Update the hangout room.
Creating or updating a hangout room for the teens is expensive, but it’s an investment and plenty of kids would really appreciate something they will use so often. Even if it’s not a full makeover, adding a coat of paint—that they get to pick out—and rearranging the furniture can make a big difference.
Experiences make wonderful gifts.
It may be a bit late to plan a trip for Christmas break since many places are booked, but you can always do a day trip or just an outing. We have gone to the zoo and the Lazy Five Ranch over the holidays. Something as simple as buying movie tickets for a friend group, visiting a favorite restaurant, paying for a mani/pedi with a buddy, making some art in one of the local studios, or going to a sporting event, can be really fun and out-of-the-ordinary. (My favorite sports destination after Christmas is usually a Thunderbirds hockey game, although this year I think there’s a bowl game in our future!)
Don’t forget your teen is almost a grown-up.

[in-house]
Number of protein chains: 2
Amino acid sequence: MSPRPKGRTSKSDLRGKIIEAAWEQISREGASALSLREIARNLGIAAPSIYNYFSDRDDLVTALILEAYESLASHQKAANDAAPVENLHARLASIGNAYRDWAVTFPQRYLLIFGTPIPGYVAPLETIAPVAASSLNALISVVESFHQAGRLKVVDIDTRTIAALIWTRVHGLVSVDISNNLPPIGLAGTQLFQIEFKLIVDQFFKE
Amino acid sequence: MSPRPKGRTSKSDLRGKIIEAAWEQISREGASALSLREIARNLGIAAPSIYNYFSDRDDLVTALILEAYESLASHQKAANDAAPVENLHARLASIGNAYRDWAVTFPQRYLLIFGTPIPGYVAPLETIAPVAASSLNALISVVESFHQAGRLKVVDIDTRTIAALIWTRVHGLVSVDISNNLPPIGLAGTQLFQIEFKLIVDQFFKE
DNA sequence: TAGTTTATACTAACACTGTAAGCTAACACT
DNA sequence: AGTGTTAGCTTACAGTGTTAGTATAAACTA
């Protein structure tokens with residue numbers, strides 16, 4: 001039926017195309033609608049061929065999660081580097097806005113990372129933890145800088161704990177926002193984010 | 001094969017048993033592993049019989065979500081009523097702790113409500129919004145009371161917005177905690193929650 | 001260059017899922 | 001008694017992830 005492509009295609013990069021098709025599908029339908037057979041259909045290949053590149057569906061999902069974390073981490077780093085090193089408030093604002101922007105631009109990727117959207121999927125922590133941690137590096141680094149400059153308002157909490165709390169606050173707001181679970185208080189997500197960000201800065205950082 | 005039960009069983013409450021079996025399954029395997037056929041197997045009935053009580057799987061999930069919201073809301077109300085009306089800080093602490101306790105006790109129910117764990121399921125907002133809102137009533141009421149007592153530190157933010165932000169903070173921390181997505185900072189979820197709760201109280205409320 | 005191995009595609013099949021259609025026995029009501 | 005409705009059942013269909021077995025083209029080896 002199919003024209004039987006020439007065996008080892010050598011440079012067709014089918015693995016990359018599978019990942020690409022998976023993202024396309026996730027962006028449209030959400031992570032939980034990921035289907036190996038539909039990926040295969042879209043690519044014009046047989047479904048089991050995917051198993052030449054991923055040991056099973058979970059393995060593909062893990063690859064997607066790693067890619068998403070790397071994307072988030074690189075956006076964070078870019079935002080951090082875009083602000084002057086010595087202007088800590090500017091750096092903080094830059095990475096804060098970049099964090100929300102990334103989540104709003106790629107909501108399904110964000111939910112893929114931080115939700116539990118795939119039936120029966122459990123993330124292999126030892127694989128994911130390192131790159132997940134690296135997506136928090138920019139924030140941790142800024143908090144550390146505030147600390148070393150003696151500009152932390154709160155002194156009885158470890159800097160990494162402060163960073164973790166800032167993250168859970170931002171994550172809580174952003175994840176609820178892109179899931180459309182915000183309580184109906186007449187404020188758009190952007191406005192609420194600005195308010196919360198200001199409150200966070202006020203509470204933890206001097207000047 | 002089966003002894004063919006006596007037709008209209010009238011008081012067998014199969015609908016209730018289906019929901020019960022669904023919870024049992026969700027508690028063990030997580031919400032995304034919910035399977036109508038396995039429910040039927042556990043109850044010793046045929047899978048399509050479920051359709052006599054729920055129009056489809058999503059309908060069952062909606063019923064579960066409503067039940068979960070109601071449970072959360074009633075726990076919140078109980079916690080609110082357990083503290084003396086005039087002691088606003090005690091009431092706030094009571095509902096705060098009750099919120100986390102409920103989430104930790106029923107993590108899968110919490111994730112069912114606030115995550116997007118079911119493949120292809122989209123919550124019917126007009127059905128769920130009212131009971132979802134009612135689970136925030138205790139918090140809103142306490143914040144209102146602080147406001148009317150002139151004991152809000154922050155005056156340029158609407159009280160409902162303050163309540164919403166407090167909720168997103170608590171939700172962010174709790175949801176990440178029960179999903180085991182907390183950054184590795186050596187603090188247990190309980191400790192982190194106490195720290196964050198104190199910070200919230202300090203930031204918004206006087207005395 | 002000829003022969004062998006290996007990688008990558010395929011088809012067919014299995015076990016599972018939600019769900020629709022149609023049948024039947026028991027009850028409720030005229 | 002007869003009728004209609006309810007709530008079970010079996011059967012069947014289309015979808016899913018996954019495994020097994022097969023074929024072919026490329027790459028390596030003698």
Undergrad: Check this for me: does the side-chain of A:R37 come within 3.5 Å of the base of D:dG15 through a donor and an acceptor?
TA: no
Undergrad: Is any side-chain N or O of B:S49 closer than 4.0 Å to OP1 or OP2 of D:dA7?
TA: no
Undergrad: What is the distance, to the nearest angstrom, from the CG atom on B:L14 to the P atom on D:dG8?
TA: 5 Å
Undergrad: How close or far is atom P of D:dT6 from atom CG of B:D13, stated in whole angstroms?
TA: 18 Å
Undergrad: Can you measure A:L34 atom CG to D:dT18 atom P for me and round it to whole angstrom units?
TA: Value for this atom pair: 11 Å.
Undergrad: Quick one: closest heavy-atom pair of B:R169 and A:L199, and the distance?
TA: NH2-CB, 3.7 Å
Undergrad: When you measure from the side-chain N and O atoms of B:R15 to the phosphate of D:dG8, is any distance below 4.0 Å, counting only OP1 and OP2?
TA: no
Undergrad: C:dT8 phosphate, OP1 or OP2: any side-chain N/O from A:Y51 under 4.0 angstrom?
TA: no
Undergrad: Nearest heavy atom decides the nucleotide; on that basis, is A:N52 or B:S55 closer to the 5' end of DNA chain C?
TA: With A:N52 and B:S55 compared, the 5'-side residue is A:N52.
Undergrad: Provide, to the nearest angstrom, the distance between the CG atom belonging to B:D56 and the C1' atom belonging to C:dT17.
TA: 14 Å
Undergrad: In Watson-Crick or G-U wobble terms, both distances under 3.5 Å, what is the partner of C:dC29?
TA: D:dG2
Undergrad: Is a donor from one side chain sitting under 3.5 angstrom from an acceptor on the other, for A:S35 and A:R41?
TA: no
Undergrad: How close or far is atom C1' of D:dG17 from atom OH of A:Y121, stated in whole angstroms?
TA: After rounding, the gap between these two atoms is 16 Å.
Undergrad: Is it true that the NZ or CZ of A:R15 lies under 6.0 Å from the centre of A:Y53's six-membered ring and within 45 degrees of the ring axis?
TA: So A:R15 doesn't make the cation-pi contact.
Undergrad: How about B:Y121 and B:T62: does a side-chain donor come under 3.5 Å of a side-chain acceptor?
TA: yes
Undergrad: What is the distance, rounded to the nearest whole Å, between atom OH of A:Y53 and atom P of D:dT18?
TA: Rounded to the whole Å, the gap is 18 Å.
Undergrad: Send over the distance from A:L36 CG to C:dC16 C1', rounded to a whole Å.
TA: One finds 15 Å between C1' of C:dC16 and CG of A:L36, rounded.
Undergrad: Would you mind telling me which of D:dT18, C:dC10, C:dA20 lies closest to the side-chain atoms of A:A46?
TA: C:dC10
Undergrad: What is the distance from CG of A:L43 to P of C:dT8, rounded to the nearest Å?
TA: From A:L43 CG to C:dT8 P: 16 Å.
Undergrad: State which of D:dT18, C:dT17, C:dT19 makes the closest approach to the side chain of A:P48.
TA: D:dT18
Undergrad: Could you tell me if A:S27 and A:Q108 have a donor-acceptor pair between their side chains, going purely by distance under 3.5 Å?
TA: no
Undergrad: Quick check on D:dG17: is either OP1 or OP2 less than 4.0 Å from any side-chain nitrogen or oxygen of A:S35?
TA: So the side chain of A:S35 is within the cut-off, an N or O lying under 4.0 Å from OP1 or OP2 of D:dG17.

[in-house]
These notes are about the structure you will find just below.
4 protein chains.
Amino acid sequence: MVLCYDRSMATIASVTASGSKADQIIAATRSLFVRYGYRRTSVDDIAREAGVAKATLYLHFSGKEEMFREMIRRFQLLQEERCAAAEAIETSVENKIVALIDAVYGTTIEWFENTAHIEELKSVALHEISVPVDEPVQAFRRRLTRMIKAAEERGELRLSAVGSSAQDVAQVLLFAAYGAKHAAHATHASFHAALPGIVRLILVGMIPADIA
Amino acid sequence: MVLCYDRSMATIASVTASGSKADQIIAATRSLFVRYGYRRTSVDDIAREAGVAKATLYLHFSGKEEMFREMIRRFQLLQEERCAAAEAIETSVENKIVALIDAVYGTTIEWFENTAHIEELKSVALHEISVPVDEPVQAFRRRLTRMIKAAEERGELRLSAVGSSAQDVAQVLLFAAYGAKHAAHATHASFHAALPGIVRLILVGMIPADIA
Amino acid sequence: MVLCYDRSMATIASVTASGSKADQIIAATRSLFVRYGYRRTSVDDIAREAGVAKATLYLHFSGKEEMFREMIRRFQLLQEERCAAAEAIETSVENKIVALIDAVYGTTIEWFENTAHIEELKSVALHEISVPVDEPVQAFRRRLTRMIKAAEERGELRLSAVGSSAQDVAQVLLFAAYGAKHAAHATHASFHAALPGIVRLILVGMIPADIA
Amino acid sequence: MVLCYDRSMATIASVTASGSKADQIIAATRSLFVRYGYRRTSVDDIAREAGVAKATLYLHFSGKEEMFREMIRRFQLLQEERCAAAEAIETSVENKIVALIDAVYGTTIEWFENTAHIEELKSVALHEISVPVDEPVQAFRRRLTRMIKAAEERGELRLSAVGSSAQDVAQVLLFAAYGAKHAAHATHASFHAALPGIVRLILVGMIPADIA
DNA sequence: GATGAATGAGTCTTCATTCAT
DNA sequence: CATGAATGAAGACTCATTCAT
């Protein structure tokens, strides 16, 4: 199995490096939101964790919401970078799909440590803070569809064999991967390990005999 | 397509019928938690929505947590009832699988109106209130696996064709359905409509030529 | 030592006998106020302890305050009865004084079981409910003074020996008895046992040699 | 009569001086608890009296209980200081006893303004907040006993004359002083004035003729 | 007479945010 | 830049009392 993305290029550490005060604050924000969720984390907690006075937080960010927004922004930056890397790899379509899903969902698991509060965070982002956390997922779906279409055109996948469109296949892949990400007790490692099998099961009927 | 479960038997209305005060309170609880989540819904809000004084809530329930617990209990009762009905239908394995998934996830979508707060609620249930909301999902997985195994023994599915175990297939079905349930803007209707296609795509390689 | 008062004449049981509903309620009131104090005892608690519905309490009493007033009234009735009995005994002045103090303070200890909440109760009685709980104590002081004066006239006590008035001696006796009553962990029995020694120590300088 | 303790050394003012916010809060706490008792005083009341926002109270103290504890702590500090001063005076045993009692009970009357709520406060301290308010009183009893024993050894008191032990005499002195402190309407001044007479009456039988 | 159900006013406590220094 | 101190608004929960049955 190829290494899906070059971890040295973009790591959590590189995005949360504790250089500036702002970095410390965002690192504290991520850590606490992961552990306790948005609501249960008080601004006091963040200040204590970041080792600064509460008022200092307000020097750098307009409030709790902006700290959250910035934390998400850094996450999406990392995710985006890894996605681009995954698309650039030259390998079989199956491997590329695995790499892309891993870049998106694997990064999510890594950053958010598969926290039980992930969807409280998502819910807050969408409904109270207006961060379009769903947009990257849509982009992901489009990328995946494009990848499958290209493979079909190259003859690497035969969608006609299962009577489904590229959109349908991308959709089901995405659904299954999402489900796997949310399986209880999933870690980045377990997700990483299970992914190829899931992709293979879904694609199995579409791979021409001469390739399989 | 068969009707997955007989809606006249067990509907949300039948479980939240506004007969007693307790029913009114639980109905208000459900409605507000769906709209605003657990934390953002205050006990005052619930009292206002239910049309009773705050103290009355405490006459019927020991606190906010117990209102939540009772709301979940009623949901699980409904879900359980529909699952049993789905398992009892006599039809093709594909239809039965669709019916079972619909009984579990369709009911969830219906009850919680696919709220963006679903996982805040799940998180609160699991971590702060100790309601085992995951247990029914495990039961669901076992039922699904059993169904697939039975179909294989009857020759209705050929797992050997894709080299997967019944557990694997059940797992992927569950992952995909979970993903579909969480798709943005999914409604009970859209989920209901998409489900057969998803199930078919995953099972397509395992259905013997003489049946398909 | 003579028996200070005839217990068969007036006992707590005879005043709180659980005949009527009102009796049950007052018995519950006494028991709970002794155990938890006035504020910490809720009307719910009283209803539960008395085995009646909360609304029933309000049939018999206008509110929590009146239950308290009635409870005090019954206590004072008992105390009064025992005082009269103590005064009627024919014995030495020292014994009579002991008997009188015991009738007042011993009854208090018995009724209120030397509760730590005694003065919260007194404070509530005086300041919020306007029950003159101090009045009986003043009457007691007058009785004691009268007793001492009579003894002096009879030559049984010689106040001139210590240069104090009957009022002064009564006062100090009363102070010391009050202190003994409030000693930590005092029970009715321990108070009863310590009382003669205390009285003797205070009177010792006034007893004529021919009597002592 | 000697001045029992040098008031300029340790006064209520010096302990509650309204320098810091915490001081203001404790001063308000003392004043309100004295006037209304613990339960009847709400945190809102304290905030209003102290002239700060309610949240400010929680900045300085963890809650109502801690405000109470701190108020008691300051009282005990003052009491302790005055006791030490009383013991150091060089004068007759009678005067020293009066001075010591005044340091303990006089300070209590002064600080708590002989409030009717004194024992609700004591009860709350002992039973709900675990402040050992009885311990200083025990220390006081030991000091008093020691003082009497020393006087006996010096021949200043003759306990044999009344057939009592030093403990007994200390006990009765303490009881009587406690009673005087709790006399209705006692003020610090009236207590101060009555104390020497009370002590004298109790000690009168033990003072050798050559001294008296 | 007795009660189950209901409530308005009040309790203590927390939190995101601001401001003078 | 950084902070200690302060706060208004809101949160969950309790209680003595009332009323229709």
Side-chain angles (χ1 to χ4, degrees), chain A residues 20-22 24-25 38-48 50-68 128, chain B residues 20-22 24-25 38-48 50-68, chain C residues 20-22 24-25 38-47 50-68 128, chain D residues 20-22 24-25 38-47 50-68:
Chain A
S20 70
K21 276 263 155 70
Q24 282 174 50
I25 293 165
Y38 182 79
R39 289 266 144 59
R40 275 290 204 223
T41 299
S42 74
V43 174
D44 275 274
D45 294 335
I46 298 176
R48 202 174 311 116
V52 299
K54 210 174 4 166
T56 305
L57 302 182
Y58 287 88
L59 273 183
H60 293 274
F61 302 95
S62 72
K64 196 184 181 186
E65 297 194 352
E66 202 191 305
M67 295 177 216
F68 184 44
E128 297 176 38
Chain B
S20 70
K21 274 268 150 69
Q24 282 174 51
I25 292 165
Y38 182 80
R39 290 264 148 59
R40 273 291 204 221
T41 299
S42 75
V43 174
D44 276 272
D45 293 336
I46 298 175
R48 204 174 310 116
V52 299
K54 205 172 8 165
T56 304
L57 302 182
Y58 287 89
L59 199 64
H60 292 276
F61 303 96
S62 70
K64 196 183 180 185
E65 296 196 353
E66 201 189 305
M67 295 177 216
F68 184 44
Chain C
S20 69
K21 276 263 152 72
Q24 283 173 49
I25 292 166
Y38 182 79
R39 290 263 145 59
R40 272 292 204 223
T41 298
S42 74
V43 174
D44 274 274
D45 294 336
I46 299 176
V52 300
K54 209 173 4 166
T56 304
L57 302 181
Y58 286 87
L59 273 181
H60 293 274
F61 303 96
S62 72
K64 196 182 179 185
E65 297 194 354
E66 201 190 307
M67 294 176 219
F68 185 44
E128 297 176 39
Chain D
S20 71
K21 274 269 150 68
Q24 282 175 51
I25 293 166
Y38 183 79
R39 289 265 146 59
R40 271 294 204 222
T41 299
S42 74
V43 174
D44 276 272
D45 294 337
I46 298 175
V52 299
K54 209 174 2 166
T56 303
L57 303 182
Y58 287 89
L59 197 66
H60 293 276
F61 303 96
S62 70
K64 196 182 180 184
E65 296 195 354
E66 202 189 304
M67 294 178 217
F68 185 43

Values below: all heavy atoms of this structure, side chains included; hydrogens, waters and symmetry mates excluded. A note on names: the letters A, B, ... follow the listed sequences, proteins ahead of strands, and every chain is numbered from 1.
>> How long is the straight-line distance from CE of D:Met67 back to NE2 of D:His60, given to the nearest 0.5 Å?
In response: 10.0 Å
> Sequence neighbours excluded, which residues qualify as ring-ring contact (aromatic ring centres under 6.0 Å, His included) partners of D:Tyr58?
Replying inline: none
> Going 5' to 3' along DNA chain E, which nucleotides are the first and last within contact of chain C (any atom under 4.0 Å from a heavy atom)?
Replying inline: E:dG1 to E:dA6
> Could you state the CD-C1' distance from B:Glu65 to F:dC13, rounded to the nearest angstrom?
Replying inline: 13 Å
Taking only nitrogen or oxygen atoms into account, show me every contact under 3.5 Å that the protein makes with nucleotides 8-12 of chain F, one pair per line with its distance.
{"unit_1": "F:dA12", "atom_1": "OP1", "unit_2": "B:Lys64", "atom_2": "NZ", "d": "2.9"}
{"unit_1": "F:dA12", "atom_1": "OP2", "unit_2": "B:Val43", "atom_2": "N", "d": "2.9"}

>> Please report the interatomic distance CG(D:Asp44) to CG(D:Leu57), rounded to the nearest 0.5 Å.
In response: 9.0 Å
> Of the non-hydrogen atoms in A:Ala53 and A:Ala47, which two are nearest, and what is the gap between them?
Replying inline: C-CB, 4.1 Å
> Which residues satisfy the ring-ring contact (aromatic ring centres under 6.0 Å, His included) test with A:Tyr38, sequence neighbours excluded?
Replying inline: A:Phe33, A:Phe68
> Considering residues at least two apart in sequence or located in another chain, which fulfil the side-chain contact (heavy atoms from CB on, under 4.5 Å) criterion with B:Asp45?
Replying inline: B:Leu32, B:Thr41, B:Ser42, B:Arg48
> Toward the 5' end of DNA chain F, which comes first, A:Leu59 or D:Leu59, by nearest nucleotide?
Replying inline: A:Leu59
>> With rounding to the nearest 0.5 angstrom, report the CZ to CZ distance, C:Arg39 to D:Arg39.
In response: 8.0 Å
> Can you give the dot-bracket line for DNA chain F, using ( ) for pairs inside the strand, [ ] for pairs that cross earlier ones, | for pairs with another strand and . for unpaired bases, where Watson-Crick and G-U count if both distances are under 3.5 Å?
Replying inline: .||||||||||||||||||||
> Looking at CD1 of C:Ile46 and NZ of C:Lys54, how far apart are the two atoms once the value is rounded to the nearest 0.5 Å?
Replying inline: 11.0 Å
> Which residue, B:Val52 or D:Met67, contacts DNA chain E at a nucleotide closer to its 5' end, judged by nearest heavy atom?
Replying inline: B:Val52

It may be time to upgrade a childhood favorite. Maybe it’s time for the adult-sized bike or an electric scooter, or some longer skis, or a better tennis racket. New equipment can help revive an interest in an old pastime, but be sure to discuss it a little before dropping a lot of money on something that won’t get used.
Giving back is the best gift of all.
Finally, when considering gift ideas for teens, remember there are people in need all over our community—and the world. Perhaps the best gift you can give is to teach your child how good it feels to give to others. Give your teen the gift of helping others. Your child can pick out a favorite charity to give to, or can volunteer to help someone who needs some holiday cheer. There are literally hundreds of ways to help others. See this directory for ideas.